So much for the EBT story. O’Brien misplayed again, losing an opportunity literally handed to him to get front and center on a favorite GOP campaign tactic — using welfare to pit the proletariat against each other in jealous fuming over pennies while the GOP rapes the government for millions. Oh well, the GOP will now have to wait for another opportunity. Even the Union Leader’s gallant efforts to give the story CPR with a lead-off on the Sunday front page failed to catch a spark. Like the old adage goes, in the world of journalism, old news is no news. It was reported, it was eclipsed, it was killed.
Now let’s go back in time a little more, where we get to D. J. Bettoncourt, former House Majority leader, a Republican from Salem and O’Brien’s young protege and law school student attending UNH. Just before Bettoncourt’s graduation from law school, O’Brien learned of some serious problems with Bettencourt’s inner ethical compass.
As detailed in links provided here, O’Brien had plenty of opportunity to wipe his hands clean of this mess quickly and with the dignity his position requires. He had known about the issue before it hit the public and could of dealt with it then. But instead in a decision only he really understands, decided to allow Bettencourt to not reveal his wrongdoing, remain in the house and resign with no mention of the real cause as shown in this first announcement detailed here on May 25th.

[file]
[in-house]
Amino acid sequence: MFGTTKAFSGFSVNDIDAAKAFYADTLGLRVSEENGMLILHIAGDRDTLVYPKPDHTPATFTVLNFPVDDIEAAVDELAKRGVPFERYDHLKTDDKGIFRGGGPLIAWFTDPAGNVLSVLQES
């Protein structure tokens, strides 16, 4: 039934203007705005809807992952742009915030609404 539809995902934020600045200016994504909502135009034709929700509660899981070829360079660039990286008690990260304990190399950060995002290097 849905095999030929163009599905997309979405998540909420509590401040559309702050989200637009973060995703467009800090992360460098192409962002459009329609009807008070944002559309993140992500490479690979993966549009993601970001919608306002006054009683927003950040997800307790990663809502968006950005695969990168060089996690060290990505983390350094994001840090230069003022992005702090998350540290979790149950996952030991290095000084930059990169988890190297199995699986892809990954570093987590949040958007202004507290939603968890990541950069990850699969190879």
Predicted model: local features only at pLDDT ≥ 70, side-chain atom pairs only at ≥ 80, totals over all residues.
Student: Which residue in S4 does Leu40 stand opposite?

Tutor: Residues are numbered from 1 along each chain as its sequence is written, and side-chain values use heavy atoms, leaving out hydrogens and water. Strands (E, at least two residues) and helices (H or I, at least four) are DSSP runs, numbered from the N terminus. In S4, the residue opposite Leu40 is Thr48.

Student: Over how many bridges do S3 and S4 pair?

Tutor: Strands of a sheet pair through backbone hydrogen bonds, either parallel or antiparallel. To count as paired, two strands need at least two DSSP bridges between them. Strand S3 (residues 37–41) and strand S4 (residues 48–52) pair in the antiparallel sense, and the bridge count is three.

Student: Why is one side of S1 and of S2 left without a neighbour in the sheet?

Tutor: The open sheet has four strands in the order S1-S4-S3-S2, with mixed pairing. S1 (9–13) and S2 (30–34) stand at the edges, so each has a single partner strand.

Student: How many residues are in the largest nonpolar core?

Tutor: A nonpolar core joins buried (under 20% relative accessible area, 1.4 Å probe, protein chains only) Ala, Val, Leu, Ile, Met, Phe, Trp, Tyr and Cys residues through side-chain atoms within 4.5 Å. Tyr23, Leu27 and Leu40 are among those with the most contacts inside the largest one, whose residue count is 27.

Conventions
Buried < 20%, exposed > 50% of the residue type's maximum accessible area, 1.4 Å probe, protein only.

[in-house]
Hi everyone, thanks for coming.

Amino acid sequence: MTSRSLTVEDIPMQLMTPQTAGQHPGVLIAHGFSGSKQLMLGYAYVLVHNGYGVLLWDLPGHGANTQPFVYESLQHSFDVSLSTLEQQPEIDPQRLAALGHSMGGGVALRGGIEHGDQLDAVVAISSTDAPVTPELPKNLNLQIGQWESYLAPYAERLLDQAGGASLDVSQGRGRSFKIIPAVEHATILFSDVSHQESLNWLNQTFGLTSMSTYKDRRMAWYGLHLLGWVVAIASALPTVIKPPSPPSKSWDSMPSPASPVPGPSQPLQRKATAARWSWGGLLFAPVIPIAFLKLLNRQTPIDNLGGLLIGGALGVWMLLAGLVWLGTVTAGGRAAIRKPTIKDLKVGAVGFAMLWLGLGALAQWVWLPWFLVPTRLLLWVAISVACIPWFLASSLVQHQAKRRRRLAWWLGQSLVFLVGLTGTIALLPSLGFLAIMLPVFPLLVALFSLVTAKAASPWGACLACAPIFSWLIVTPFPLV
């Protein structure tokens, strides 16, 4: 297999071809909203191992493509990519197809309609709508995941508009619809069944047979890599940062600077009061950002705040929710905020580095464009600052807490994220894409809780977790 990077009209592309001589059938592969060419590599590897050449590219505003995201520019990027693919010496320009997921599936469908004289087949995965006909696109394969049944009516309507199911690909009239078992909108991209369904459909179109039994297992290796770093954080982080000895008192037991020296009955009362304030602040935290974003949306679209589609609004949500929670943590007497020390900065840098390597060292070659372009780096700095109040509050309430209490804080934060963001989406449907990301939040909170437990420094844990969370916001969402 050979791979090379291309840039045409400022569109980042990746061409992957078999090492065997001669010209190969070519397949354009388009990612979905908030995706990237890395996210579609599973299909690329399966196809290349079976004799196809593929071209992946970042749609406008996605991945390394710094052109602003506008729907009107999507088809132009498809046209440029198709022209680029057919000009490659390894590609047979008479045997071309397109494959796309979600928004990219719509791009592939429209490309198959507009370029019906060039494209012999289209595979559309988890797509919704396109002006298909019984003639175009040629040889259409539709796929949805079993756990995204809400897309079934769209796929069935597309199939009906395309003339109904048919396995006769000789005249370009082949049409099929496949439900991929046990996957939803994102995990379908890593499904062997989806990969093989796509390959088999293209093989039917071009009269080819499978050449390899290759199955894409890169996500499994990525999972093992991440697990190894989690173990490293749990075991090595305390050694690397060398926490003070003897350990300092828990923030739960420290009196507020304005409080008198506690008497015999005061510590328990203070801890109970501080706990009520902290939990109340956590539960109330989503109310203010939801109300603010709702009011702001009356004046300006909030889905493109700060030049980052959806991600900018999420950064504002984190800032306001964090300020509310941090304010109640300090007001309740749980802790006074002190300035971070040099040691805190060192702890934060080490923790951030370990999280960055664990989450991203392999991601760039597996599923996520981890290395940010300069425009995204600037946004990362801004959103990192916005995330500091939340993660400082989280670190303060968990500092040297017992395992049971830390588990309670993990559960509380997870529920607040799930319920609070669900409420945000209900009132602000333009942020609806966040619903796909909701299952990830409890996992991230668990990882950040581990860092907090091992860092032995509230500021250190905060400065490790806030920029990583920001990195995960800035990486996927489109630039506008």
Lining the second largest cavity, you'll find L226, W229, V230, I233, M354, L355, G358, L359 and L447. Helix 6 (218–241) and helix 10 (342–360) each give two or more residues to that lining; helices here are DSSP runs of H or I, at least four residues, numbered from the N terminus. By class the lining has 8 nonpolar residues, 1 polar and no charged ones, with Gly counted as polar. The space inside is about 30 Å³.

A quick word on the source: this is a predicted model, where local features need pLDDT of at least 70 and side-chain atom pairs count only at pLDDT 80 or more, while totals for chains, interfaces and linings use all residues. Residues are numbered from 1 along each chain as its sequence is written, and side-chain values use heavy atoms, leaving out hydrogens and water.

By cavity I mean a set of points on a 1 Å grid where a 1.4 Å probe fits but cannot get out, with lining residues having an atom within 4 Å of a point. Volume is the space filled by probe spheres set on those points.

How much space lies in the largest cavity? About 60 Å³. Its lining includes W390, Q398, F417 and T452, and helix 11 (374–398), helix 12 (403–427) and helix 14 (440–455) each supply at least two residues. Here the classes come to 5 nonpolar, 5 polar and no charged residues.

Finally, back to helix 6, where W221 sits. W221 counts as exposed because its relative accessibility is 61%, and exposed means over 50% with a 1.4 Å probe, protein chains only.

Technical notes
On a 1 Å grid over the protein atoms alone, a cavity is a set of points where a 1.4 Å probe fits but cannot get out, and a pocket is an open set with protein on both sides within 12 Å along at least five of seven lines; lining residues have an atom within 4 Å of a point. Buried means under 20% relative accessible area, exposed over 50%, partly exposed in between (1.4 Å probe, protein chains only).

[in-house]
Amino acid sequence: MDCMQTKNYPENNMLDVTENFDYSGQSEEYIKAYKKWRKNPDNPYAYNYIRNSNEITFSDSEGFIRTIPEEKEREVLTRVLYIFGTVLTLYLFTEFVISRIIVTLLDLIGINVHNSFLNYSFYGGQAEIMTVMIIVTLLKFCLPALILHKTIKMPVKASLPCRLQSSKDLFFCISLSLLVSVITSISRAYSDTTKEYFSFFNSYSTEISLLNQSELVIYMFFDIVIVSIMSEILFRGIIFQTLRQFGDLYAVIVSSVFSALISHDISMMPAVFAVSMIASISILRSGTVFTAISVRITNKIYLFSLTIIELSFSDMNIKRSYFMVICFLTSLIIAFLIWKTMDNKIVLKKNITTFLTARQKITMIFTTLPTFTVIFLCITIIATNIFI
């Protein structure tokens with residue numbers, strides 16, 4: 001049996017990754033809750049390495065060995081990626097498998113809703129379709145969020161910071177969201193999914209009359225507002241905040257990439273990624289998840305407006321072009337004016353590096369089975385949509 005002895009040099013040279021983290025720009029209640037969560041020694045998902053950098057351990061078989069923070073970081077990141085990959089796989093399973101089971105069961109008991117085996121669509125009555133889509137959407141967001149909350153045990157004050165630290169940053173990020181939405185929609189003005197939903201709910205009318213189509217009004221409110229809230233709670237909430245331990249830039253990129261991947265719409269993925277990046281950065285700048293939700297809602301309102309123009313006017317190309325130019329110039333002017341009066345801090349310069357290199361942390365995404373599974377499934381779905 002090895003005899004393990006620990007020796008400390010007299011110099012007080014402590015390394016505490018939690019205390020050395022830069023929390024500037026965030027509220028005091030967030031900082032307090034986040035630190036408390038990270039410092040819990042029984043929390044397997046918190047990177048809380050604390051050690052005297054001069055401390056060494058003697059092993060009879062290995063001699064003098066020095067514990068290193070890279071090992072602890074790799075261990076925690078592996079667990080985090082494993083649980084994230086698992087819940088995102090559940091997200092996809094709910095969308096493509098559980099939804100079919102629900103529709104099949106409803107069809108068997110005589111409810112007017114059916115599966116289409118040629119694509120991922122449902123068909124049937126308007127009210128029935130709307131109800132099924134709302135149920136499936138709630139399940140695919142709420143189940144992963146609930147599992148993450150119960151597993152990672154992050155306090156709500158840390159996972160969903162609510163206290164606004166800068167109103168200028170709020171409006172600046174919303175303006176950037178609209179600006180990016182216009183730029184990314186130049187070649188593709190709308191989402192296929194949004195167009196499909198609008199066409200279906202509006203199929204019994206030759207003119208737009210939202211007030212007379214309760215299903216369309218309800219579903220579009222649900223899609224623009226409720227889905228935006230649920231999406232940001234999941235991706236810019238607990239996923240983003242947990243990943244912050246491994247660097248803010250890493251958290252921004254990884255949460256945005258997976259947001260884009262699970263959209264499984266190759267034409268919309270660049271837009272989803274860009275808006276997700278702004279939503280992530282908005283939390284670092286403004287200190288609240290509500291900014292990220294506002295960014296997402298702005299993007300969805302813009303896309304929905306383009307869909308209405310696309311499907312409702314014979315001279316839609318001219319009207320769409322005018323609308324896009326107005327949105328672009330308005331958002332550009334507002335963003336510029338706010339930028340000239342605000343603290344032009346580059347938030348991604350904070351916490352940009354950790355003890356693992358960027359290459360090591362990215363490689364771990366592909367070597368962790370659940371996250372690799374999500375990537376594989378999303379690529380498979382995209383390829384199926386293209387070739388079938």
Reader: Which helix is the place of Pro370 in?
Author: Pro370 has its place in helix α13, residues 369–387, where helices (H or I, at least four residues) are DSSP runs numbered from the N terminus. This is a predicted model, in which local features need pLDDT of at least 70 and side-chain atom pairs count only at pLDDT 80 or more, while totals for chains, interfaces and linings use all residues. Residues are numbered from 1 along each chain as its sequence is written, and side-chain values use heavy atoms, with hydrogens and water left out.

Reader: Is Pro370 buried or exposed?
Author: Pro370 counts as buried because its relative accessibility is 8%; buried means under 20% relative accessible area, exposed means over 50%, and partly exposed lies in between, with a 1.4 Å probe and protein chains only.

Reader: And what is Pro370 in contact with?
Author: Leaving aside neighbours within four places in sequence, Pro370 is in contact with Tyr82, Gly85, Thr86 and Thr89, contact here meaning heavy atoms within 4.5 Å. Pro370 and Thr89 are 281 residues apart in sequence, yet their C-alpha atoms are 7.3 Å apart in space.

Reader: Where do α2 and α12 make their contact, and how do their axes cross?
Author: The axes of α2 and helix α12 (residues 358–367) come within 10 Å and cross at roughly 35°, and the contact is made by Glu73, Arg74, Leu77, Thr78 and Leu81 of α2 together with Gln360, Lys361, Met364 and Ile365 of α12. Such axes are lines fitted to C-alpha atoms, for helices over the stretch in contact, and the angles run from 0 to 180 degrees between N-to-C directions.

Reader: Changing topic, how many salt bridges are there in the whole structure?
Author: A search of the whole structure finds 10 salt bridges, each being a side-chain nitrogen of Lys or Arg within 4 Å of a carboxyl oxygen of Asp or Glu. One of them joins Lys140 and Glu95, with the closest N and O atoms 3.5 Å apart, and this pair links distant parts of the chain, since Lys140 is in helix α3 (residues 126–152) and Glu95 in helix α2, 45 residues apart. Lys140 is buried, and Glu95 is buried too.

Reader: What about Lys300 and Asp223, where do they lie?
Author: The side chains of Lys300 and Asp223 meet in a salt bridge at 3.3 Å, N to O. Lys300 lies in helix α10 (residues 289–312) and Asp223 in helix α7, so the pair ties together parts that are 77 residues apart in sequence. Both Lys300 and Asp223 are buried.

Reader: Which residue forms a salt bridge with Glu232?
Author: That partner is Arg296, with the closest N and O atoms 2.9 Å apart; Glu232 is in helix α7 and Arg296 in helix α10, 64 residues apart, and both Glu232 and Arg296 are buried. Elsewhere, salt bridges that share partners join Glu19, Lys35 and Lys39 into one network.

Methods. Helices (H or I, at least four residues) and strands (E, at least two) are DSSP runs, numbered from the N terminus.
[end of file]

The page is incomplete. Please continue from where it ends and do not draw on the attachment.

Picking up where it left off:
Represenative Guida (R), owner of the firm that Bettencourt had lied about interning for, outraged that Bettencourt failed to disclose the whole reason for his resignation, did the right thing and disclosed the entire story to the press. Suddenly speculation mounted everywhere about what O’Brien might have known about the shady ethical and moral judgment of his personal under-study.
Once the issue went public, O’Brien clumsily and evasively said he was “shocked” at the whole story, denied knowing anything more and pressed to sweep it over with talk about the house agenda. Sadly it seems O’Brien either isn’t bothered by dishonesty or struggles to understand the association of the scandal with his failure in judgment. O’Brien’s failure to act quickly to put out this fire caused plenty of wonder about O’Brien’s character. Did he fail to exercise due diligence by simply relying on Bettencourt’s version of events or did he already know the full story, but chose arrogantly instead to continue the charade to the public?
As noted by Steve Vallaincourt in NH Insider, “Bettencourt’s swift public disgrace is all the more astonishing when you consider that this young leader had spent much of his brief tenure schooling others on matters of legal rectitude, civility and purportedly high-minded ethics. (Earlier this month, Bettencourt questioned attorney Jim Bassett’s qualifications for the state Supreme Court.”[emphasis ours] Did O’Brien fail to see the seriousness of this matter that seemed so obvious to everyone else?